5 Strategies to Drive User Adoption of CLM Software

To get a better hold on the hundreds, thousands, or even tens of thousands of contracts that your enterprise handles, your team may have attempted a contract management solution in the past. Despite a significant investment, the contract managers in your organization ended up not adopting the software for a wide variety of reasons, including a steep learning curve, lack of relevance to current processes, and confusing terminology. Let’s review five strategies to drive user adoption of CLM software across your enterprise.

  1. Choose a Representative from Each User Group

One of the six steps to define the CLM software requirements for your enterprise is to build an evaluation committee that includes a representative from each one of the departments that will be affected by the CLM software implementation. It’s critical to provide a voice to all user groups before the purchase is made so that no group feels as if the solution is forced down upon them.

Having a representative from each group of end users will allow you to understand the needs, concerns, and pain points that should be addressed by the new CLM solution. To learn more about how to select an evaluation committee and how to define your CLM software requirements, download our whitepaper.

  1. Focus on User Problems, Not Features

Gain insights from end users about what is currently working and what’s not working with your current contract management system. Using the feedback from those conversations, your evaluation committee will be able to create a set of criteria to select some viable options. By focusing on the needs of users to select options from the start, your users will be far less reticent than if your evaluation committee were to present an option without any context.

Make sure to use the same language that your end users utilize on a daily basis. If you insist to call things by a dramatically different name, you’re already alienating your end users. Utilize terms and workflows that make sense to the end user.

  1. Select a Test Department for a Soft Launch

The larger a system overhaul, the bigger the need to start small.

Take a cue from the implementation of an electronic signature technology at the State of Hawaii government office. The first implementation of the eSign Service ran for three months only at the Office of the Governor, processing about 2,337 eSign transactions.  With the lessons learned throughout the three-month period, the State of Hawaii’s Office of Enterprise Technology Services was then ready to expand the eSign Service to all departments across the state. As of October 2016, the State of Hawaii government has processed more than 64,000 unique e-signatures across departments.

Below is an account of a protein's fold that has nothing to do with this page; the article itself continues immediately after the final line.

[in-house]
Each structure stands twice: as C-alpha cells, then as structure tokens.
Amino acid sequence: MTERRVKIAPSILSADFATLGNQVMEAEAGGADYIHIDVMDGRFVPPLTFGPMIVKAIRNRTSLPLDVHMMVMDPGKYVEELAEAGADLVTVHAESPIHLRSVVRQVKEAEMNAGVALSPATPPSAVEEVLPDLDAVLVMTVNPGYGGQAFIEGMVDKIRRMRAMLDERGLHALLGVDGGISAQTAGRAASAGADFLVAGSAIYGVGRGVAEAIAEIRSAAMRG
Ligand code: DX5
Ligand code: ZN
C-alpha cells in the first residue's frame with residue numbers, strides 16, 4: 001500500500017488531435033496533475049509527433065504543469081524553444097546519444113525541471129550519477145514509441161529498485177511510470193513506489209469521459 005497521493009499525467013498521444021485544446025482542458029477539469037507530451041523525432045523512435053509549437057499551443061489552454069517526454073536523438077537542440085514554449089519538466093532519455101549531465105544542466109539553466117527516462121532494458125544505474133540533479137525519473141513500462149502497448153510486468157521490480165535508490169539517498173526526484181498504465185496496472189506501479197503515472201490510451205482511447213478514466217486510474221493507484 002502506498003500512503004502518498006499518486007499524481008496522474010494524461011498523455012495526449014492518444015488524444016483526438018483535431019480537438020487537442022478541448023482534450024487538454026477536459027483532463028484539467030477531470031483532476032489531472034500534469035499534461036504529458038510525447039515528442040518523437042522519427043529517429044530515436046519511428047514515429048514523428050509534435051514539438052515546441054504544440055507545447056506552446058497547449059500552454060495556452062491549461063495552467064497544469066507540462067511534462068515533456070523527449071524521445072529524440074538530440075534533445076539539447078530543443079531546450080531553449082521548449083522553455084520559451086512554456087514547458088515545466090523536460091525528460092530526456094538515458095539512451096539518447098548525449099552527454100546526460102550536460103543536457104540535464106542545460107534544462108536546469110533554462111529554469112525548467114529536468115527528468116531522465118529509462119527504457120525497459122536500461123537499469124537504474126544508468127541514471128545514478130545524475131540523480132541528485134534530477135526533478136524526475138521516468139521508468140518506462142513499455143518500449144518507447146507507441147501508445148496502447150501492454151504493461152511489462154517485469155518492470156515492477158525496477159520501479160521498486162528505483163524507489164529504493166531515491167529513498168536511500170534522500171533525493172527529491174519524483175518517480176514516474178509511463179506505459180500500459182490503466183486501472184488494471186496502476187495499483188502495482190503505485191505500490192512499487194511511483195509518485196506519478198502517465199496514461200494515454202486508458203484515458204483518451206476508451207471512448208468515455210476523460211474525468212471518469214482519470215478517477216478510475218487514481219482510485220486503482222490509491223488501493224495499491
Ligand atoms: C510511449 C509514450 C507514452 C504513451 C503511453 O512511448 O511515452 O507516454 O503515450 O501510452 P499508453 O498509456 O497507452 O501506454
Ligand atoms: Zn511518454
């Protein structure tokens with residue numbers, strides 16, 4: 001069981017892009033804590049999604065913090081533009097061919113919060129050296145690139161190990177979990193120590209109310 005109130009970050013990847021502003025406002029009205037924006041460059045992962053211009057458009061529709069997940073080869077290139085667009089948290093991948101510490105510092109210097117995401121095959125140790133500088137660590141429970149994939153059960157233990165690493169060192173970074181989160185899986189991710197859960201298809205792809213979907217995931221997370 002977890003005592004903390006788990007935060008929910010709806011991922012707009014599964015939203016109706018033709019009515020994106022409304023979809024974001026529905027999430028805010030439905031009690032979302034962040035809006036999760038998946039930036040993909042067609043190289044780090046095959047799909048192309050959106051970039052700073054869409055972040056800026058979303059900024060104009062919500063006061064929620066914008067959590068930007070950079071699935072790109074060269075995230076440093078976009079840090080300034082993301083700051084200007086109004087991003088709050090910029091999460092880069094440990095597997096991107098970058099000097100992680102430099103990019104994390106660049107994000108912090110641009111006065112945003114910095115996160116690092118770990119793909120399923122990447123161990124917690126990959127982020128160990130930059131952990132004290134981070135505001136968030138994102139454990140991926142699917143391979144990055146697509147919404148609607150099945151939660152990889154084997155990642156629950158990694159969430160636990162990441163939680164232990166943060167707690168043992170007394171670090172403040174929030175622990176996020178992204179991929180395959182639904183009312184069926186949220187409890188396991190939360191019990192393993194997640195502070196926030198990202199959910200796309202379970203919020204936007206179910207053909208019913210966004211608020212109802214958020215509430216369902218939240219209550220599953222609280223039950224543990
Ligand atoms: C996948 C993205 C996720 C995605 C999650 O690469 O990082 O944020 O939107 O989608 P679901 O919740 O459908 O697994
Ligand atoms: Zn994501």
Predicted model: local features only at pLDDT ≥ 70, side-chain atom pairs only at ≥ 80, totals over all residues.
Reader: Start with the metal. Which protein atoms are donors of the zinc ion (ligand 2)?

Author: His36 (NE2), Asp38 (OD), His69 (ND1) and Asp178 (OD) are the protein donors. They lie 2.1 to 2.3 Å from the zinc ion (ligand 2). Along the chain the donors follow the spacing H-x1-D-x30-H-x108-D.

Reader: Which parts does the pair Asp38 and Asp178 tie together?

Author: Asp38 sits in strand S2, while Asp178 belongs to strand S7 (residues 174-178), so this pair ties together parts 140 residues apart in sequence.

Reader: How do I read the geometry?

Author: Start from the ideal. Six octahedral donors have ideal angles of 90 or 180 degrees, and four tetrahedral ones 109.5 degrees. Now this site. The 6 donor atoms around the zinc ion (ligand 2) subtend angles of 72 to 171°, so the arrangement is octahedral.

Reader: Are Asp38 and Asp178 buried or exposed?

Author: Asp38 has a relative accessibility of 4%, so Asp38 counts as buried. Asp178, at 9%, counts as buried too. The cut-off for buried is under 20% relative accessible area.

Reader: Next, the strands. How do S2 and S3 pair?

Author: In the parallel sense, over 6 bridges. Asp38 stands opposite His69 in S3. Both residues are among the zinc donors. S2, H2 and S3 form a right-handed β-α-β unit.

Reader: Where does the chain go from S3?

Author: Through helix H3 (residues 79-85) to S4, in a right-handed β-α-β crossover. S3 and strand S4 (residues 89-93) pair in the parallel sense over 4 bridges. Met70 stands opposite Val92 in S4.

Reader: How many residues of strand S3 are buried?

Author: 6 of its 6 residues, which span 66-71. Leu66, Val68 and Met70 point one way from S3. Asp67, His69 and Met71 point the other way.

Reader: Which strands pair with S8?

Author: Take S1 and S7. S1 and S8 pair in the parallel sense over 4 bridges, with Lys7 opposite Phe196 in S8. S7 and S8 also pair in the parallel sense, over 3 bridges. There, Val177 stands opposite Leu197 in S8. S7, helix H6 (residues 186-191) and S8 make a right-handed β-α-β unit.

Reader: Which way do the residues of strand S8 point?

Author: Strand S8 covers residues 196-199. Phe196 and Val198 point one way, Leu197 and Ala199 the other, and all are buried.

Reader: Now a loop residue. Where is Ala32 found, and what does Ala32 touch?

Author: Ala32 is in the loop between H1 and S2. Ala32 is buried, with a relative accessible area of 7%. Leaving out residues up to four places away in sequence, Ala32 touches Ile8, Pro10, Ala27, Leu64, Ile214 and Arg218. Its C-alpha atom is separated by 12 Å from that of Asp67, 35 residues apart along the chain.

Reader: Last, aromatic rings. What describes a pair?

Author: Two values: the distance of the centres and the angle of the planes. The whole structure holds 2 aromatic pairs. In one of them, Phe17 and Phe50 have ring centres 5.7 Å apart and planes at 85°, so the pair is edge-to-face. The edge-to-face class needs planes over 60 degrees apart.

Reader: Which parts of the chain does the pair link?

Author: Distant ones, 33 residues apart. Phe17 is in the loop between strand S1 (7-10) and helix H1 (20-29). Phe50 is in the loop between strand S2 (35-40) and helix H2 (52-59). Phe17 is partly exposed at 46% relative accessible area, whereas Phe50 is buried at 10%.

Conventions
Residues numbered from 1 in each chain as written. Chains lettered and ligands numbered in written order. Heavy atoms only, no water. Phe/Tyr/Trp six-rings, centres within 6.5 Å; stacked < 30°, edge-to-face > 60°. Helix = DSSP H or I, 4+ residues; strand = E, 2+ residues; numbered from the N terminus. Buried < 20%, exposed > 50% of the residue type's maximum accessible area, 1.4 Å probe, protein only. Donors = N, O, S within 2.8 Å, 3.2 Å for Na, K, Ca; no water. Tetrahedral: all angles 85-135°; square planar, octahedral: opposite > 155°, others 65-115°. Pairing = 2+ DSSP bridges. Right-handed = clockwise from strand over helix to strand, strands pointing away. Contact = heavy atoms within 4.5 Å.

Just like in this example, select a manageable and highly visible test group so that you work in stages. Don’t try to solve all enterprise challenges in one sweep motion and gain inputs from high-priority employees in phases. The feedback that you’ll receive from this first group of users will be critical to the upcoming enterprise-wide rollout.

  1. Provide Ongoing Updates

Change creates anxiety. To ease concerns from users, provide ongoing updates of the entire process from setup of evaluation committee to report from soft launch results to announcement of enterprise-wide rollout.

Throughout these updates establish metrics to start measuring the benefits of the CLM software. For example, the State of Hawaii eSign Service initiative focused on the average time for a state document to be signed. With the implementation of e-signature, the State was able to reduce that average time from four to twelve days down to 129 and 181 minutes.

Choose KPIs that make the most sense for your enterprise. To get a sense of potential KPIs, review this list of six KPIs and this list of five more KPIs for evaluating your contract management processes. Maintain an online repository of all updates that can be accessed at all times by your employees and that can be used to submit feedback, share concerns, or provide suggestions. A website or forum using wiki software is often a good choice for such a repository. By keeping the process transparent and open to feedback, you’ll get more buy-in from end users.

  1. Set a Knowledgebase for Using CLM Software

Despite all your efforts to make the selection, implementation, and launch process of a CLM solution as inclusive as possible, you can’t call it a day once the system is live. This is just the beginning of the most critical phase of the entire process: instilling confidence about the system within all end users.

Prepare tutorials that are aimed to groups with different skill sets and abilities. While some end users may be ok with a searchable document, others will prefer to watch a video or have a person guiding them by their side. Add a help section to your existing knowledgebase or wiki in which users can find supporting documents or videos.

Two key types of materials that you should invest in preparing are a list of frequently asked questions (FAQ) and a series of videos that capture screen and audio activity on your computer to demonstrate how to complete tasks. Don’t just answer questions and forget about them. Instead, leverage those questions to create a powerful knowledgebase for all users in your enterprise.


Improve the odds of a successful implementation of a CLM software by taking steps to increase user adoption. By choosing a rep from each user group, focusing on user needs, selecting a visible department for a soft launch, providing ongoing updates, and setting up a knowledgebase with useful tutorials, you’re setting yourself up for strong and sustainable adoption of the new system across your enterprise.

The larger a system overhaul, the bigger the need to start small.